Free bikes: Application process, rules explained as city prepares to give away 500 bicycles, along with locks, helmets

Among other requirements, applicants must be at least 14 years old and can’t already own a bike. The 500 bikes are the first installment of 5,000 the city plans to give away over four years.

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A bike lane in Chicago’s Belmont Cragin neighborhood.

A bike lane near Riis Park in Chicago’s Belmont Cragin neighborhood.

Sun-Times file

Chicago’s great bicycle giveaway will begin this summer, with “at least 500” bikes, helmets, locks and lights distributed to qualifying residents 14 and older who don’t already own a bike.

The competition begins July 18 and continues through Aug. 4. During those 18 days, the Lightfoot administration will accept applications at www.chicago.gov/bikechicago. Paper applications can also be downloaded on that site and mailed to City Hall.

To qualify for the latest in a string of pre-election freebies, applicants must:

• Be at least 14 years old. A parent or guardian must be present when anyone under 18 picks up their bike and safety equipment.

• Live in a household with an income “at or below” 100% of the Area Median Income for Chicago. That’s $73,000 for an individual, $104,200 for a family of four and $120,900 for a six-member household.

• Not already own a bike.

• Face what the city defines as “mobility hardship” or participate in a mobility program operated by the Chicago Department of Transportation.

In all, plans call for 5,000 bikes to be distributed over a four-year period — assuming Mayor Lori Lightfoot wins a second term.

In the first year of the program, 500 bikes will be distributed, bankrolled by a “Climate Recovery Bond” used to “improve the mobility of residents” and “encourage the use of sustainable modes of transportation.”

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At least some of those 500 bikes will be “assembled by and distributed to” members of Greencorps, a green jobs training program for high school students attending Chicago Public Schools.

Some will also go to participants in CDOT’s 2022 mobility programs, including Chicago SAFE Ambassadors’ Learn to Ride program and “Open Boulevards” events.

A bike giveaway and bicycle safety camp event at Union Park in August 2021 was hosted by the 27th Ward.

A bike giveaway and bicycle safety camp event at Union Park in August 2021 was hosted by the 27th Ward.

Pat Nabong/Sun-Times

The freebies will be single-speed commuter bikes that, according to the city, are simple to maintain.

Designated recipients will be matched with an appropriate-size bike and will get the information they need to have confidence making their way on Chicago’s disjointed network of protected and unprotected bike lanes.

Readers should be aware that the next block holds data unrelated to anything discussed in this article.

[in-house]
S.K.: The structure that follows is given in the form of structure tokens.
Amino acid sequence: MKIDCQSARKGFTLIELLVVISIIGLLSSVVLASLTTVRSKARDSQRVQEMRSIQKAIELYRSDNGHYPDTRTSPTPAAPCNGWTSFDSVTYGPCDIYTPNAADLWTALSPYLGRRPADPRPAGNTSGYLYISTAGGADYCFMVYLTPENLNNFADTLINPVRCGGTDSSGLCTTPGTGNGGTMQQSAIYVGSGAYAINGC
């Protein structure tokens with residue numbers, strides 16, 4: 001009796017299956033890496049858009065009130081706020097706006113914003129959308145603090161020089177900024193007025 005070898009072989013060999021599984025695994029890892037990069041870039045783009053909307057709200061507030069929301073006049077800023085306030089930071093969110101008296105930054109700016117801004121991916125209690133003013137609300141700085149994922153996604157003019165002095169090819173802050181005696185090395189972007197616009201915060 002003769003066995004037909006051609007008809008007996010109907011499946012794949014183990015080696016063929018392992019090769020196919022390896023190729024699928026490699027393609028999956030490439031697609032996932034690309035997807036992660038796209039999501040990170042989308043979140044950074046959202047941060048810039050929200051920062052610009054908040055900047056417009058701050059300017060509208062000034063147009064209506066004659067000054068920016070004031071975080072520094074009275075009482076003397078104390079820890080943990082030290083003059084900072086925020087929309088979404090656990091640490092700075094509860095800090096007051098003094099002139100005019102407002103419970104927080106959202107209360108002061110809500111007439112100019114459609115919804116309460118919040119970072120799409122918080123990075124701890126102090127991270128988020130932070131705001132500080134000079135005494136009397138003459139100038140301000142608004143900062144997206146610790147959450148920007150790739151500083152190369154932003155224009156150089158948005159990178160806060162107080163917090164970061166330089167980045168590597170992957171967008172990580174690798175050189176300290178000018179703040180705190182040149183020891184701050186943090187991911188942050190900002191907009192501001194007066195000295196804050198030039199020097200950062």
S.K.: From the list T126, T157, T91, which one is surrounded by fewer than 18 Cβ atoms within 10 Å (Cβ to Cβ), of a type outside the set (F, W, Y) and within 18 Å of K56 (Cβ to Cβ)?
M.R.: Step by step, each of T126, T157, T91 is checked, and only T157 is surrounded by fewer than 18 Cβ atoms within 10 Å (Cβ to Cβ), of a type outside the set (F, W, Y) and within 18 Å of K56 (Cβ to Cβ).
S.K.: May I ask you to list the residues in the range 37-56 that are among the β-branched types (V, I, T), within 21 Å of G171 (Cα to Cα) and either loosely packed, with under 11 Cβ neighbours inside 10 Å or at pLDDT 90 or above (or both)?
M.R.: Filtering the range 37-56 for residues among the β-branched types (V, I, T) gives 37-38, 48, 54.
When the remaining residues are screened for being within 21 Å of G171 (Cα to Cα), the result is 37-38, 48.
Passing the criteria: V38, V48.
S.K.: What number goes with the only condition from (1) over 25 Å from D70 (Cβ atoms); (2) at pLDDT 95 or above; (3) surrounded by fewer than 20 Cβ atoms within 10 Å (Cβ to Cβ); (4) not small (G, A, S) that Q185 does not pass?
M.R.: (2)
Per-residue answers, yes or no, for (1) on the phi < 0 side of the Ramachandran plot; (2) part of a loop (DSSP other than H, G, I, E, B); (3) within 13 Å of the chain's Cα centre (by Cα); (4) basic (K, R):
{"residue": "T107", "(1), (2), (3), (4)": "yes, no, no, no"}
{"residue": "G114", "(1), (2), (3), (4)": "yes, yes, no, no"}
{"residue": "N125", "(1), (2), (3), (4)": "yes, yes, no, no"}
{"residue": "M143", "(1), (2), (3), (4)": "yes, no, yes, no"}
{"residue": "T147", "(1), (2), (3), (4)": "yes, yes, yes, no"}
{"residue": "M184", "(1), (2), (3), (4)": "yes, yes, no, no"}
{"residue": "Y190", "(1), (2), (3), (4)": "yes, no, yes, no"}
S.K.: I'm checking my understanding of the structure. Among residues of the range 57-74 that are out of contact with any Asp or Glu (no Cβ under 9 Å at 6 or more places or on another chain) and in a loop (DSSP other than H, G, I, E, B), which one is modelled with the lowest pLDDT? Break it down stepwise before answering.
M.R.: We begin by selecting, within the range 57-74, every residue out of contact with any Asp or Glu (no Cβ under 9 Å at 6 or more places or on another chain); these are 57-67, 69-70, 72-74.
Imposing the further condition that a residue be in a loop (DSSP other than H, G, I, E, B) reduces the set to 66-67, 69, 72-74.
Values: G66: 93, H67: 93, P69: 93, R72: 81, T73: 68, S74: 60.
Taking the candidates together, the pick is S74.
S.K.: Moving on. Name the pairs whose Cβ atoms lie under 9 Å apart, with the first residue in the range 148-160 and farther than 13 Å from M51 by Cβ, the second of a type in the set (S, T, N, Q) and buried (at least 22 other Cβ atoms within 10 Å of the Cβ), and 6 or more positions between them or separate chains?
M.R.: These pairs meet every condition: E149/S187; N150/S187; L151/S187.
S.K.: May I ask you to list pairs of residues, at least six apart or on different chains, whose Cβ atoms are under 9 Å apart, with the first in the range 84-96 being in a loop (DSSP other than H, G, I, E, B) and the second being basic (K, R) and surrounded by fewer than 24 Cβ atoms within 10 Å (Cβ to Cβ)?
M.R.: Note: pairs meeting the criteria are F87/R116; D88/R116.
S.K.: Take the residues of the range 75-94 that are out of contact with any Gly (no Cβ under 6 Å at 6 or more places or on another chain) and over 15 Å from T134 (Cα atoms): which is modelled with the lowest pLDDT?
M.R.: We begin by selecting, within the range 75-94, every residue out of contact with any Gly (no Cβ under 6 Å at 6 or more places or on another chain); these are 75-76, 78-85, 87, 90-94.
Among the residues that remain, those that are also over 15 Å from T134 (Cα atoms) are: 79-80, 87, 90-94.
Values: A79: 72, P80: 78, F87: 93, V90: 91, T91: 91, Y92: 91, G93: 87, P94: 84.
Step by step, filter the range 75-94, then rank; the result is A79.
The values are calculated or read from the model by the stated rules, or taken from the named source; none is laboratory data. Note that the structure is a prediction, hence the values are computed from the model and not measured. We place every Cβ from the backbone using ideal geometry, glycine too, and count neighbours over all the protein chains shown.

Last month, Lightfoot announced plans to add 25 miles of bike lanes by Dec. 31. All those new lanes will be protected by a concrete curb, and all bike lanes now marked off only by plastic posts will get a similar upgrade by the end of 2023. The goal is to protect cyclists shaken by a wave of recent cycling accidents, some fatal.

The project Lightfoot calls the “biggest expansion and upgrade of low-stress bike routes” in Chicago history will be bankrolled by her five-year, $3.7 billion capital plan.

Audrey Wennink, director of transportation for the Metropolitan Planning Council, called that announcement a “good start.” But she said, “It’s not a commitment to do the whole system yet. And that’s what we would want. We need to know, what is the long-term plan for the whole network?”

Chicago Transportation Commissioner Gia Biagi first announced the bike giveaway during a March 31 speech to the City Club of Chicago.

Biagi called it a “community cycling strategy” aimed at developing bike routes that acknowledge the reality of “everyday life” in Chicago neighborhoods.

“We’re gonna give away 5,000 bikes to Chicago residents. Free bikes. And a helmet. And a bike lock,” Biagi told her audience that day. “We need to do our part, right? We’re building out the network. We’ve got the bikes.”

In a press release announcing the application process, Biagi called bike riding an “affordable, sustainable and healthy way to travel that reduces car congestion and improves quality of life.”

“We’re excited to launch this program and start distributing bikes and safety gear this summer and throughout the next several years,” the commissioner was quoted as saying.

“Along with improving and expanding the city’s network of bike lanes and trails, CDOT is committed to making biking a more popular and practical option for all residents — and Bike Chicago will do just that.”

Lightfoot is leading a delegation to London and Paris this week to promote Chicago as a business destination and a financial technology hub.

In the release, she was quoted as saying that “every resident in our city deserves equitable accesss to safe, reliable and affordable clean transportation options.”

“Bike Chicago accelerates both the city’s climate and equity goals by providing new workforce pathways, bikes and supportive resources that promote safe biking and a healthy, low-carbon transportation ecosystem for all Chicagoans,” the mayor said.

Paul Fitzgerald, executive director at Friends of Big Marsh, crosses a new bike lane along West 119th Street and South Green Street in the West Pullman neighborhood in September 2021.

Paul Fitzgerald, executive director at Friends of Big Marsh, crosses a new bike lane along West 119th Street and South Green Street in the West Pullman neighborhood in September 2021.

Pat Nabong/Sun-Times


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